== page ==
California’s press corps churned out an extravaganza of metaphor over the weekend, laboring desperately to explain in plain English the most hated word in the political writer’s lexicon.
“Reapportionment,” a sprawling, stinking weed of a word that once every 10 years spews noxious fumes which send “don’t read this” signals straight to the brains of news consumers across the land, presents a confounding challenge of written composition for even the craftiest of political scribes.
Struggling to bury this five-syllable clunker (medieval Latin: apportionare) in the fourth graf or lower (or to avoid it altogether!) these writer warriors dig deep into their fine-writing-done-cheap trick bags to lure readers into spending even a brief moment with the single story that best represents the worst brand of spinach journalism (“read this – it’s good for you”).
And so: “Political earthquake roils California delegation,” screams one outlet, while another raises the stakes with “An earthquake with a tsunami,” even as a 48-hour Google News search yields 120 hits for the phrase “California political landscape” in the process of being, variously, “transformed,” “shaken-up,” “made over” or covered in “sweeping angst.”
In honor of our colleagues, these brave soldiers in the daily war of words, we present below a lively game of “Match That Metaphor” to test how closely political junkies read their favorite reporters. We also recommend that hopelessly hardcore types check out the early Saturday edition of Rough and Tumble, which presented no fewer than 22 stories about the new plans released by the state’s independent commission on reapportionment redistricting political cartography drawing new maps.
And amid this cloudburst tempest of tornado-like, gale-force, cyclonic blizzard monsoons, here’s our own look at the key factors in play in the just released plan for (you know what).
Competitiveness. PPIC policy fellow Eric McGhee, one of the smartest eggheads about this stuff we know, notes that the new scheme from the (all rise) California Citizens Redistricting bears a strong resemblance to two 2005 plans, one from the Rose Institute and one from the Institute for Governmental Studies, that were prepared to show how the state could be mapped without gerrymandering.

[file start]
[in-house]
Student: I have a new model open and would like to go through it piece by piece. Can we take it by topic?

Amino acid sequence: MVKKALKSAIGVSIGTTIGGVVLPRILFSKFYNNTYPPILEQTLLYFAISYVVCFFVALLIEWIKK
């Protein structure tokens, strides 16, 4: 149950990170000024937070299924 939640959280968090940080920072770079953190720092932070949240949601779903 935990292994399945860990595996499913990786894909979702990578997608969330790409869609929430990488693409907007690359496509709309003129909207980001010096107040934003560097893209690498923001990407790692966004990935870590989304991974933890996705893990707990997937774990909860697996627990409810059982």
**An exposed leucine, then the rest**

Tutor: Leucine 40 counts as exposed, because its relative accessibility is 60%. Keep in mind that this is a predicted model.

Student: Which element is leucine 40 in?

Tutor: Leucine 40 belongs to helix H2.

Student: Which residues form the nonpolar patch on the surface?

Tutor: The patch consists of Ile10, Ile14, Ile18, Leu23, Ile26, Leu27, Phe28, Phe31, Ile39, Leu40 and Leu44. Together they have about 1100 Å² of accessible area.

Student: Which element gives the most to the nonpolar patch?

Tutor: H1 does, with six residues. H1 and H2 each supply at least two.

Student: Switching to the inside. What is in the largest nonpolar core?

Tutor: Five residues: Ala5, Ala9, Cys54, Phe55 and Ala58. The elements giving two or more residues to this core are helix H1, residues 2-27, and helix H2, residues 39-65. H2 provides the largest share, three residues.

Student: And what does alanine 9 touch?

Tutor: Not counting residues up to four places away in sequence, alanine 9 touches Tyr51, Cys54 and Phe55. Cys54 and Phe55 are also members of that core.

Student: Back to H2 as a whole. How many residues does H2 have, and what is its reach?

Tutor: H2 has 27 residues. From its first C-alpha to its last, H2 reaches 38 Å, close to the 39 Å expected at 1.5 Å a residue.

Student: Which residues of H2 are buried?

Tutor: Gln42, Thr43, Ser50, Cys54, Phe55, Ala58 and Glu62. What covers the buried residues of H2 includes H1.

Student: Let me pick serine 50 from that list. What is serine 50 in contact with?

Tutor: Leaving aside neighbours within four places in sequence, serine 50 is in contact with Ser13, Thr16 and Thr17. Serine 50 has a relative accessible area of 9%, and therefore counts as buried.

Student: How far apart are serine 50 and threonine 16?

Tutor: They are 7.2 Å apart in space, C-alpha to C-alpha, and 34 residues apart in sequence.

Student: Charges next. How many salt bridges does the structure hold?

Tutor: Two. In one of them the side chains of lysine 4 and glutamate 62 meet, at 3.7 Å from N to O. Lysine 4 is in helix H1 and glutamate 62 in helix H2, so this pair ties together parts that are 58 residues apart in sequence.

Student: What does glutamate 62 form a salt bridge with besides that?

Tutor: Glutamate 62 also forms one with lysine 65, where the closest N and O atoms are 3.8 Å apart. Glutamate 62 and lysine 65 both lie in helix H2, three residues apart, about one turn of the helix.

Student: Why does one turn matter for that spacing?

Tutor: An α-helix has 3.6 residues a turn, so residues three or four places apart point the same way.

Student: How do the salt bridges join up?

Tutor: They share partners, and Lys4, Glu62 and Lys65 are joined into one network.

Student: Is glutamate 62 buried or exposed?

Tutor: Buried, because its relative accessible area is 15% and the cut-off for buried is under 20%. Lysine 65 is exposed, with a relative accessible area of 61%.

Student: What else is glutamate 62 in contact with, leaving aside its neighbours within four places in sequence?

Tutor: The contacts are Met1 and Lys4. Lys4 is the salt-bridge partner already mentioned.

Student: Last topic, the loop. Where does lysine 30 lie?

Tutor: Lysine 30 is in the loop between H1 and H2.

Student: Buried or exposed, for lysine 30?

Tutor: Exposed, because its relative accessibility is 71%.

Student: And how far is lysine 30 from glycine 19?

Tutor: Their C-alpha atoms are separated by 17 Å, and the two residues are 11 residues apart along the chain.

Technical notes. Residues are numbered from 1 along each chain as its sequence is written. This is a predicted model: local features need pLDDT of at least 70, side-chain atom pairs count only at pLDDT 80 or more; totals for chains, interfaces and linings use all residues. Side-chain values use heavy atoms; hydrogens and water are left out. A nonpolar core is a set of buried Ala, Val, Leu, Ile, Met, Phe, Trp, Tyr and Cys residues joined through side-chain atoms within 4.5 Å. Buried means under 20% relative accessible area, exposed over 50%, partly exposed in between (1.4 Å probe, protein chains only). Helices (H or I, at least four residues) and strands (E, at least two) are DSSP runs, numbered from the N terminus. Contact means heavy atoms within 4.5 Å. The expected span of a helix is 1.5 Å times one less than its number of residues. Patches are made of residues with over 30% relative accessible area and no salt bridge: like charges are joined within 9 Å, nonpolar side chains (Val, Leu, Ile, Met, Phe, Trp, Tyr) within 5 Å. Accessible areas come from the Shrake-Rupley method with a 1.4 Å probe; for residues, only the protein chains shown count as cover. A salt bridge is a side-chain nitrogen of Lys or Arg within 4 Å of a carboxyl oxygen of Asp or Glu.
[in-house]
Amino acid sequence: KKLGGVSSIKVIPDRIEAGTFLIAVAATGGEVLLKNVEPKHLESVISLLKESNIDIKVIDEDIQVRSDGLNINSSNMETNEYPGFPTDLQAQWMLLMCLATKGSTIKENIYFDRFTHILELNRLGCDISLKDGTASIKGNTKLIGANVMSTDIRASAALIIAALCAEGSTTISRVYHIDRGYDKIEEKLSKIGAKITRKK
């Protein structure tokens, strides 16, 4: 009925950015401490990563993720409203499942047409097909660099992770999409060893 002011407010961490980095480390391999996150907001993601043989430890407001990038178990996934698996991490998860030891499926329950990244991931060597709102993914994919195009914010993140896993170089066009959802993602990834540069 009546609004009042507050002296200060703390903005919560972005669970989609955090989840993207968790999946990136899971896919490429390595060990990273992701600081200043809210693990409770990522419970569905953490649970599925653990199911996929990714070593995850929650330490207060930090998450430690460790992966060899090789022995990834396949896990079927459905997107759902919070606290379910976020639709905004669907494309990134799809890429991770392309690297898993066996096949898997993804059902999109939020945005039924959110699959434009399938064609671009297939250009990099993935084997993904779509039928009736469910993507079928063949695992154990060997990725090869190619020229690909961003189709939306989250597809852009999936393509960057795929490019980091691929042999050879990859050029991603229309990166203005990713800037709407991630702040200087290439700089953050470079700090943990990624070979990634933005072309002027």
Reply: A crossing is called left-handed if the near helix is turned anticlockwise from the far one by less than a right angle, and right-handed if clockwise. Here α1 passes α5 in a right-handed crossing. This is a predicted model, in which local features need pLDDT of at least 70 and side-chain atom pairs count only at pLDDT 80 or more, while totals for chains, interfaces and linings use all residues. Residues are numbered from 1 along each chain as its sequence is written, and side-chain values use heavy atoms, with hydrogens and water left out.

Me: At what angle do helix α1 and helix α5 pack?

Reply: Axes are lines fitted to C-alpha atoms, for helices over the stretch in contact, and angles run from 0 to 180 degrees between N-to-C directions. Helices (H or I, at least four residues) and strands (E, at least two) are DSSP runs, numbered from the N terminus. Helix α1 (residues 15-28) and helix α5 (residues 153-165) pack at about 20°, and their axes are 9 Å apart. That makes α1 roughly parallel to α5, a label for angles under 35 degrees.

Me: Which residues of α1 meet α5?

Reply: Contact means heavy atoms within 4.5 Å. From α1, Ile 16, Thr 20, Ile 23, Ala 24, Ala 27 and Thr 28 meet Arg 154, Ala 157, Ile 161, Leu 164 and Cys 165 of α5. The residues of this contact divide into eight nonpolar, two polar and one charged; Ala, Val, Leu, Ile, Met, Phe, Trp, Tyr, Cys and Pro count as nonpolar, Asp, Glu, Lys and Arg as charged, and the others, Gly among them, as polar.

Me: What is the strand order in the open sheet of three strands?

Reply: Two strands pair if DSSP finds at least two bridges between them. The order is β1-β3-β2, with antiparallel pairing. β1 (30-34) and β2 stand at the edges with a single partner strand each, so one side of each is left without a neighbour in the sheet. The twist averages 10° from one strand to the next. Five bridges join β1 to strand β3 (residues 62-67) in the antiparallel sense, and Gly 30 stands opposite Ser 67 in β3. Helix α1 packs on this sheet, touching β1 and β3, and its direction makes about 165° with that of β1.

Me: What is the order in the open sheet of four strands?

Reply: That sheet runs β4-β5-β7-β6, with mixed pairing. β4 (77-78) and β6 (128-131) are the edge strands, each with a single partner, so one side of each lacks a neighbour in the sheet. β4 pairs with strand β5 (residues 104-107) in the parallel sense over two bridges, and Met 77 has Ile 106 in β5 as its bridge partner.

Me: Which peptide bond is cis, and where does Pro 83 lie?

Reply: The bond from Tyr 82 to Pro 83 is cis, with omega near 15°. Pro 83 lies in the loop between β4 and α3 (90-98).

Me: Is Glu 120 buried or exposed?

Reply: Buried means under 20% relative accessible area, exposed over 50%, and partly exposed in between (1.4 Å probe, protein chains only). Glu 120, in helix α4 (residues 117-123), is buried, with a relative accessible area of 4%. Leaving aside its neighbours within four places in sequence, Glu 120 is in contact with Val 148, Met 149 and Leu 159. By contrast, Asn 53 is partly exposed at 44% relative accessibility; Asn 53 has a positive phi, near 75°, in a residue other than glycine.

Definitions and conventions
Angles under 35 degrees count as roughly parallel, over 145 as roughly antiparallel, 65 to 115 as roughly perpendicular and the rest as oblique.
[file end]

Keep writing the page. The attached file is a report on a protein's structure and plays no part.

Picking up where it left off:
“They have met their mission,” he said of the commission. “They didn’t consider partisanship and they didn’t consider incumbency.”
McGhee defines a “competitive district” as one that falls between +5% Republican registration and +10% Democratic registration, a range designed to account for a) the greater propensity of GOPers to vote and b) the increased likelihood of D’s crossing over than R’s.
Using that measure, he concludes that the number of competitive districts, counting both houses of the Legislature and Congress, increases from 16 to 34 under the draft plan; the total includes 7 additional Assembly districts (9 competitive to 16); 6 additional Senate districts (3 to 9) and 5 additional House districts (4 to 9).
Displacement. A second big impact of the commission’s preliminary plan is that a large number of incumbent representatives and legislators would land in the same districts as an office holder of the same party. Notable examples include a Sacramento Assembly district, where three Democratic members all landed, the Southern California turf where Armed Services Chairman Buck McKeon and longtime fellow Republican Elton Gallegly now squat, and an El Lay House seat where Democratic stalwart Howard Berman is thrust cheek to jowl with Representative Brad Sherman (ee-yew).